COVID-19 (Coronavirus) - advice for the public

Staying safe outside your home

The Government has published FAQs on what you can and can't do here.

If you leave your home, you must ensure that you practice social distancing by staying two metres apart. Advice on how to stay safe outside your home can be found here.

What to do if you have coronavirus symptoms

Continue to stay at home, if you have either:

  • A high temperature – this means you feel hot to touch on your chest or back (you do not need to measure your temperature)
  • A new, continuous cough – this means coughing a lot for more than an hour, or 3 or more coughing episodes in 24 hours (if you usually have a cough, it may be worse than usual)
  • Loss or change to your sense of smell or taste – this means you've noticed you cannot smell or taste anything, or things smell or taste different to normal

To protect others, do not go to places like a GP surgery, pharmacy or hospital. Stay at home.

Use the 111 online coronavirus service to find out what to do.

Only call 111 if you cannot get help online.

How to avoid catching and spreading coronavirus 

Everyone should do what they can to stop coronavirus spreading.

Do

  • Use hand sanitiser gel if soap and water are not available
  • Cover your mouth and nose with a tissue or your sleeve (not your hands) when you cough or sneeze
  • Put used tissues in the bin immediately and wash your hands afterwards
  • Stay 2 metres (3 steps) away from other people, if you need to go outside

Don't:

  • Do not touch your eyes, nose or mouth if your hands are not clean

Who is at high risk?

You may be at high risk from coronavirus if you:

  • Have had an organ transplant
  • Are having certain types of cancer treatment
  • Have blood or bone marrow cancer, such as leukaemia
  • Have a severe lung condition, such as cystic fibrosis or severe asthma
  • Have a condition that makes you much more likely to get infections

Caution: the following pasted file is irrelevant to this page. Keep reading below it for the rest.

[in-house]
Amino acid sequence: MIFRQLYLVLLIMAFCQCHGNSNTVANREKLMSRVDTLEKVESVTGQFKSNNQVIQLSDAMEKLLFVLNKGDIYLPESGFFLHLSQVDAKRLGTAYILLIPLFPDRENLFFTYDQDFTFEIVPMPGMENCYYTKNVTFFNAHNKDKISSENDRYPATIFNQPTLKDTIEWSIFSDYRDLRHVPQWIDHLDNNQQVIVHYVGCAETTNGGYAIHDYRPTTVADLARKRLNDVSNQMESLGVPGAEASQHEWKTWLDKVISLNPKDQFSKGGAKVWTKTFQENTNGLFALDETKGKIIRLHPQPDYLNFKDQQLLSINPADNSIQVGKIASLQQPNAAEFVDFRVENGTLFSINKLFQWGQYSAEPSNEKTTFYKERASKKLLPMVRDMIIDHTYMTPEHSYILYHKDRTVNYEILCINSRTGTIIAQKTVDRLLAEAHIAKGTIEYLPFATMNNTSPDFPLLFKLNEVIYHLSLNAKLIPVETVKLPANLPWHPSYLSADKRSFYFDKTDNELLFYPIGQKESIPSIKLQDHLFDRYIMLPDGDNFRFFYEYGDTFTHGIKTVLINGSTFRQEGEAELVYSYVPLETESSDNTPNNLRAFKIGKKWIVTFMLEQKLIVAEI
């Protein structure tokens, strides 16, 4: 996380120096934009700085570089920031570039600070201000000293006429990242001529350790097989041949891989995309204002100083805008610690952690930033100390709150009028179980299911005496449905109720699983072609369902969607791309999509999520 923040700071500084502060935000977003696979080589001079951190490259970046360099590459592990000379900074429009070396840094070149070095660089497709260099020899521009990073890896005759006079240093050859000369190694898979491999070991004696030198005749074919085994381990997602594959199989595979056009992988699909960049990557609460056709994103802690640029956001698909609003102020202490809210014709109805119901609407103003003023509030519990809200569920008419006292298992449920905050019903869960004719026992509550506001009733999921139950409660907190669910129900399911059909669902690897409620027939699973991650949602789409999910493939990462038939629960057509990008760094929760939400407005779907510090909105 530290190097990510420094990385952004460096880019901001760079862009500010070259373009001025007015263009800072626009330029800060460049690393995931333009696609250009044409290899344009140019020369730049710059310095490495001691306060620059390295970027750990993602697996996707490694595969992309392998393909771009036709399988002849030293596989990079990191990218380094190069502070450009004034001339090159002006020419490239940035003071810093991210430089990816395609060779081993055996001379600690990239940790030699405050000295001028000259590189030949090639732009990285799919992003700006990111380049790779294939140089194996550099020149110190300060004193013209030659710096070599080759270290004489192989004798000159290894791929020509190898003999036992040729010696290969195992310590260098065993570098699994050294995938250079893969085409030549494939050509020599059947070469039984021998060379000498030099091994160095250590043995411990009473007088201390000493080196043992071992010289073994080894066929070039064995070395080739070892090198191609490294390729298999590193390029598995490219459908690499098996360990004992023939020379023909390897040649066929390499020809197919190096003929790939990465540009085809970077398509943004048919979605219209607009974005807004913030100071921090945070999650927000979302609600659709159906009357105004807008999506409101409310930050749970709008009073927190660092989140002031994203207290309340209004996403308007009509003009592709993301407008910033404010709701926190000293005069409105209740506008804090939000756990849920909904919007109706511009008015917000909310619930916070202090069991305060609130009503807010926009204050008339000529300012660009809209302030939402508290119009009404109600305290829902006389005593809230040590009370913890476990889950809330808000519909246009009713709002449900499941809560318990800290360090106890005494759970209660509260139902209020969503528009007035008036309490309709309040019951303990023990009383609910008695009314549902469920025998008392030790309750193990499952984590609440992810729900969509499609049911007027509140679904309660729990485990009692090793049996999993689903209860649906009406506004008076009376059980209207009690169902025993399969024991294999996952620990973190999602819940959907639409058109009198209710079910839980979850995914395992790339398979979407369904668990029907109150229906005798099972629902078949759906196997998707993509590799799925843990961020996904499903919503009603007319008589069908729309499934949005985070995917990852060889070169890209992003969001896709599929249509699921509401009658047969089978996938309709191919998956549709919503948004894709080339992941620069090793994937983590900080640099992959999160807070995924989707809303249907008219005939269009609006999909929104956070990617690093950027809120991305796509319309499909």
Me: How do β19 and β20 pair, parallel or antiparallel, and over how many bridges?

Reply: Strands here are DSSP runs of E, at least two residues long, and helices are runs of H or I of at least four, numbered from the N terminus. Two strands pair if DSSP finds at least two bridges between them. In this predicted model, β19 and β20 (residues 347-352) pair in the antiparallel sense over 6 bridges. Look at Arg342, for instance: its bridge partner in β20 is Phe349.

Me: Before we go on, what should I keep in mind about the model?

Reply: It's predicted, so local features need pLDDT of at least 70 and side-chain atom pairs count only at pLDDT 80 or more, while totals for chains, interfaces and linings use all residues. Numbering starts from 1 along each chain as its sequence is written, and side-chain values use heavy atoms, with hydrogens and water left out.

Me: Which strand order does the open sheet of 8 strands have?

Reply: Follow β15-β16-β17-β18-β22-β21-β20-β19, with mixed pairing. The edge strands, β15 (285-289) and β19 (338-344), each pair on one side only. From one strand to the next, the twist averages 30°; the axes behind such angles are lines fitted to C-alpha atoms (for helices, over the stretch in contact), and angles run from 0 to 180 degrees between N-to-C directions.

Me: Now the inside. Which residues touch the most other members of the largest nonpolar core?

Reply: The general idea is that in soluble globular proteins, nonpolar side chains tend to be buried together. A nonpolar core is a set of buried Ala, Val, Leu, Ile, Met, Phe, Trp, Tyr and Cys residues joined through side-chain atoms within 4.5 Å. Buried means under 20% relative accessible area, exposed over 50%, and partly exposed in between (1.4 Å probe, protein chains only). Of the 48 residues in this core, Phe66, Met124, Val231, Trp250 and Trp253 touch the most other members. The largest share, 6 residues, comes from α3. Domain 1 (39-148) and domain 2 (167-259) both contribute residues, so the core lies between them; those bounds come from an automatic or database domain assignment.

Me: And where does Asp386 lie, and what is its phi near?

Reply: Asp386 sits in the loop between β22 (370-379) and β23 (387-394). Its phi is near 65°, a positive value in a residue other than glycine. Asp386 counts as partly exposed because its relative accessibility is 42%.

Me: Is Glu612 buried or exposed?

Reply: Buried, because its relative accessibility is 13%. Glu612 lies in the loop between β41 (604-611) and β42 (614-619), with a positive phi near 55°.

• Are taking medicine that weakens your immune system
  • Are pregnant and have a serious heart condition

If you're at high risk, you will be contacted by the NHS by Sunday 29 March 2020. Do not contact your GP or healthcare team at this stage - wait to be contacted.

Staying alert and staying safe guidance can be found here.

How Coronavirus is spread

Because it's a new illness, we do not know exactly how coronavirus spreads from person to person.

Similar viruses are spread in cough droplets.

It's very unlikely it can be spread through things like packages or food.

Pregnancy advice

If you're pregnant and worried about coronavirus, you can get advice about coronavirus and pregnancy from the Royal College of Obstretricians and Gynaecologists.

Treatment for coronavirus

There is currently no specific treatment for coronavirus.

Antibiotics do not help, as they do not work against viruses.

Treatment aims to relieve the symptoms while your body fights the illness.

You'll need to stay in isolation, away from other people, until you have recovered.

NHS test and trace

For information about testing for coronavirus and what to do if you're contacted by the NHS Test and Trace service, please use the following links:

Coronavirus resources for parents and carers

We know it can be especially difficult for parents to explain what's happening in regards to coronavirus to their children. That's why the NHS has produced the video below to help.

Alternatively, you can also download the fact sheet by clicking here.

We're also found this useful resource that offers ten tips to parents and carers in uncertain times, which you can access here.

Birmingham Carers Hub

The Birmingham Carers Hub has a range of information and resources to help those who care for others during this worrying time. You can access this information here

New mental health support offer

A range of new, easily accessible mental health support is now available for patients in Birmingham and Solihull. You can find out how to access support for your mental wellbeing here.

Volunteering for the NHS

For information on how to volunteer for the NHS during COVID-19, click here.

More information

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